Great write up! I wish you had posted this before I dug into my front suspension issues, I would have much rather have done this, than the whole LCA (although they were gonna be due sooner or later)


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It's funny (to me) that this thread came along, as I noticed the outer edge of one of my rear bushings was torn on the Sierra, as I was replacing the sway bar links, and I figured I needed to replace them, too.

Last time, on the 'old' Sierra, I ordered up new LCA assemblies. Which I don't want to do this time, as this truck doesn't have the original LBJs, and I consider it a waste to dispose of the metal arm assembly (which, btw, is a forged piece, on the trucks with the torsion bar suspension). They also cost 3x as much as the bushings & ball joint alone, and cost a fortune to ship.

Anyway, I had looked online for the best way to get the bushings out, and came across one of Chris Fix's old videos - he used a ball joint press, as it turns out.

Looks like the near-term will have me doing a R&R on my hydroboost module (see other post), but when the time comes, I'll try the ball joint press method and let you know of my experience.


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This probably has more to do with my side than yours... but since all of the images are listed above in their Full Sizing... many do not expand and leave only the artifact of your Number or Letter Naming Conventions. Any chance you can post them up to either or and link them back here? Otherwise... This is the Best Format for creating a worthwhile Article EVER ...and I enjoyed 'looking over your shoulder' in the doing of everything very much.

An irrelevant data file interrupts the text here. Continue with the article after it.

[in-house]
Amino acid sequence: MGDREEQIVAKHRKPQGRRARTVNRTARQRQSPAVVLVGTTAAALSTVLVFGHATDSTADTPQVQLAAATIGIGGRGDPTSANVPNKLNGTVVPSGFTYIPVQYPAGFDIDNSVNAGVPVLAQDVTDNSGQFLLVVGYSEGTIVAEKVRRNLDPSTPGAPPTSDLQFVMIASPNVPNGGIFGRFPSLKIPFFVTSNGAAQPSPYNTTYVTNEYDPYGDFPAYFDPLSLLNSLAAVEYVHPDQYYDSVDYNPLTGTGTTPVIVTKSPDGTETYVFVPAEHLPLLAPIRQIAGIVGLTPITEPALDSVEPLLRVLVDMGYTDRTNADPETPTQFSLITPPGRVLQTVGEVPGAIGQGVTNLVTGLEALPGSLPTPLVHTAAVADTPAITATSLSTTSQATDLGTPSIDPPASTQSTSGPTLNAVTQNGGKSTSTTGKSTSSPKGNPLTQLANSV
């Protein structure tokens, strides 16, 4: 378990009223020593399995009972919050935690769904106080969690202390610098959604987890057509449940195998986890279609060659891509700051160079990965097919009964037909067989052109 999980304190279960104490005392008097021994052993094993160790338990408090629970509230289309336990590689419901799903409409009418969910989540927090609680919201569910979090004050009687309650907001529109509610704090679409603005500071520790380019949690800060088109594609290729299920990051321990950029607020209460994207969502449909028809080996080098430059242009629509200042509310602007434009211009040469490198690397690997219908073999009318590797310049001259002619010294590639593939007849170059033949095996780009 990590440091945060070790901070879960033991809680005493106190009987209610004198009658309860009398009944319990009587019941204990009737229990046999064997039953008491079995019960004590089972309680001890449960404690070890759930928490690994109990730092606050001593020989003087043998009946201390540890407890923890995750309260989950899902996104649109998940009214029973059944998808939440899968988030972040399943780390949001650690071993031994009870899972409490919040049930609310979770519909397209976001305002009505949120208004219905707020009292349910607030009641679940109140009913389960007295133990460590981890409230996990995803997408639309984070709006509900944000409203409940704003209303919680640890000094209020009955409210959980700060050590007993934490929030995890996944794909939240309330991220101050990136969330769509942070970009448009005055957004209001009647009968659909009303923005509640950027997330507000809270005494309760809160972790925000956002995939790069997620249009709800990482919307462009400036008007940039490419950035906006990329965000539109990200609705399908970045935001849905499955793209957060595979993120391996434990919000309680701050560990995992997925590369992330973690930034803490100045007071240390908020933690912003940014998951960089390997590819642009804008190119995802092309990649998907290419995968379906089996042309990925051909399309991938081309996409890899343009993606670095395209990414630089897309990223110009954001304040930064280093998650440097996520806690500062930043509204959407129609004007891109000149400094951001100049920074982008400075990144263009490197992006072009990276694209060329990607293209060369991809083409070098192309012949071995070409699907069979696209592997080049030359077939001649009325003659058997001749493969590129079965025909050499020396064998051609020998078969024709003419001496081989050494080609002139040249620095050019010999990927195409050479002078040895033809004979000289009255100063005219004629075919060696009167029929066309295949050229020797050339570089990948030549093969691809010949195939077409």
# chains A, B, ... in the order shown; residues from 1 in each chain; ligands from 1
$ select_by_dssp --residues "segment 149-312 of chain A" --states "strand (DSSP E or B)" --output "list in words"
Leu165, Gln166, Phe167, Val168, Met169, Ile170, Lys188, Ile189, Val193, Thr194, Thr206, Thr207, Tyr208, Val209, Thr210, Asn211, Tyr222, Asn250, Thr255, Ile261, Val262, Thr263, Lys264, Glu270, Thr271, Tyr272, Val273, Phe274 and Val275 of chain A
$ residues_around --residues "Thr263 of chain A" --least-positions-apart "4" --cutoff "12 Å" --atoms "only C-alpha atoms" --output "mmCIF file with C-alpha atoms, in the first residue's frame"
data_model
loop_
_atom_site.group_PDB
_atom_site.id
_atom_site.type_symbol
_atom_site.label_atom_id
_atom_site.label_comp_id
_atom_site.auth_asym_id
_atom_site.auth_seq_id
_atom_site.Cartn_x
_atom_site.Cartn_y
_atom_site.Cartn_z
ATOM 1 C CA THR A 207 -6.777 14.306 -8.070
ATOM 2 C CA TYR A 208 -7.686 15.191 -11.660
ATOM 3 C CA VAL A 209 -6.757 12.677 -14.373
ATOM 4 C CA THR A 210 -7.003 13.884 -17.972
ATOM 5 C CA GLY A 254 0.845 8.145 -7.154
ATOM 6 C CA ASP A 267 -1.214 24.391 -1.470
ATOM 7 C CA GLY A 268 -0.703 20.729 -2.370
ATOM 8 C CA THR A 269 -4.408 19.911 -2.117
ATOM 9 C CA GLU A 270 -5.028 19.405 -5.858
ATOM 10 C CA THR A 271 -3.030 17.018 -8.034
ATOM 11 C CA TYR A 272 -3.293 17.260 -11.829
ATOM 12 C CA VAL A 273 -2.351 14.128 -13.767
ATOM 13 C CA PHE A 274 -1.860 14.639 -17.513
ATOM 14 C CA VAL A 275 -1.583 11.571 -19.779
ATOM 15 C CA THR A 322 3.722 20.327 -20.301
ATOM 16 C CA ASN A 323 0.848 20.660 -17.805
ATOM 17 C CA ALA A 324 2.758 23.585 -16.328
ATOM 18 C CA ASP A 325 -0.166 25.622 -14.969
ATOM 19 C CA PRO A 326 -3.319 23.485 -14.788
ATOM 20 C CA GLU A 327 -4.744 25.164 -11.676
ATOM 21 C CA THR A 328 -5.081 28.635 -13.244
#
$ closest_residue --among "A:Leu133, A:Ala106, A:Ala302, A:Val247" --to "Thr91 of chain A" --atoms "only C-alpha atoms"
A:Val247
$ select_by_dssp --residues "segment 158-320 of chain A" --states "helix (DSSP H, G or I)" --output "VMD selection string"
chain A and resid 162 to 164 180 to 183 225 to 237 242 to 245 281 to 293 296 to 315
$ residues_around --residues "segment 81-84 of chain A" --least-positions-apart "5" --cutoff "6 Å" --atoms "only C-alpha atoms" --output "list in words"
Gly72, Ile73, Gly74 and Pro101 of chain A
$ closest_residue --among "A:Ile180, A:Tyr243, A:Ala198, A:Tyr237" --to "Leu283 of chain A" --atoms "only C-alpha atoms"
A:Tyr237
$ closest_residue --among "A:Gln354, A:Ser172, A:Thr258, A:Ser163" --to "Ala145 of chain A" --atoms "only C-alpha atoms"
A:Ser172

You Get F*ve St*rs for Posting THIS One, Brother!


Well-Known Member
Great write up! I wish you had posted this before I dug into my front suspension issues,
Thanks! I guess if you worked on your front suspension before the end of June I won’t feel as bad... :biggrin:

@Reprise When you do take on these bushings, one thought that came to mind is possibly trying a good 8MM hex with a breaker bar or two of the 24MM nuts locked together with an impact rotating the bushing stud instead of pressing it out.

Not sure which one would be easier but might be worth a try.

many do not expand and leave only the artifact of your Number or Letter Naming Conventions
Not sure what you can or cannot see. I tried opening the pics when logged out and I had to log in to see them, didnt expect that.

Would it be any better if I added a thumbnail instead of the full image?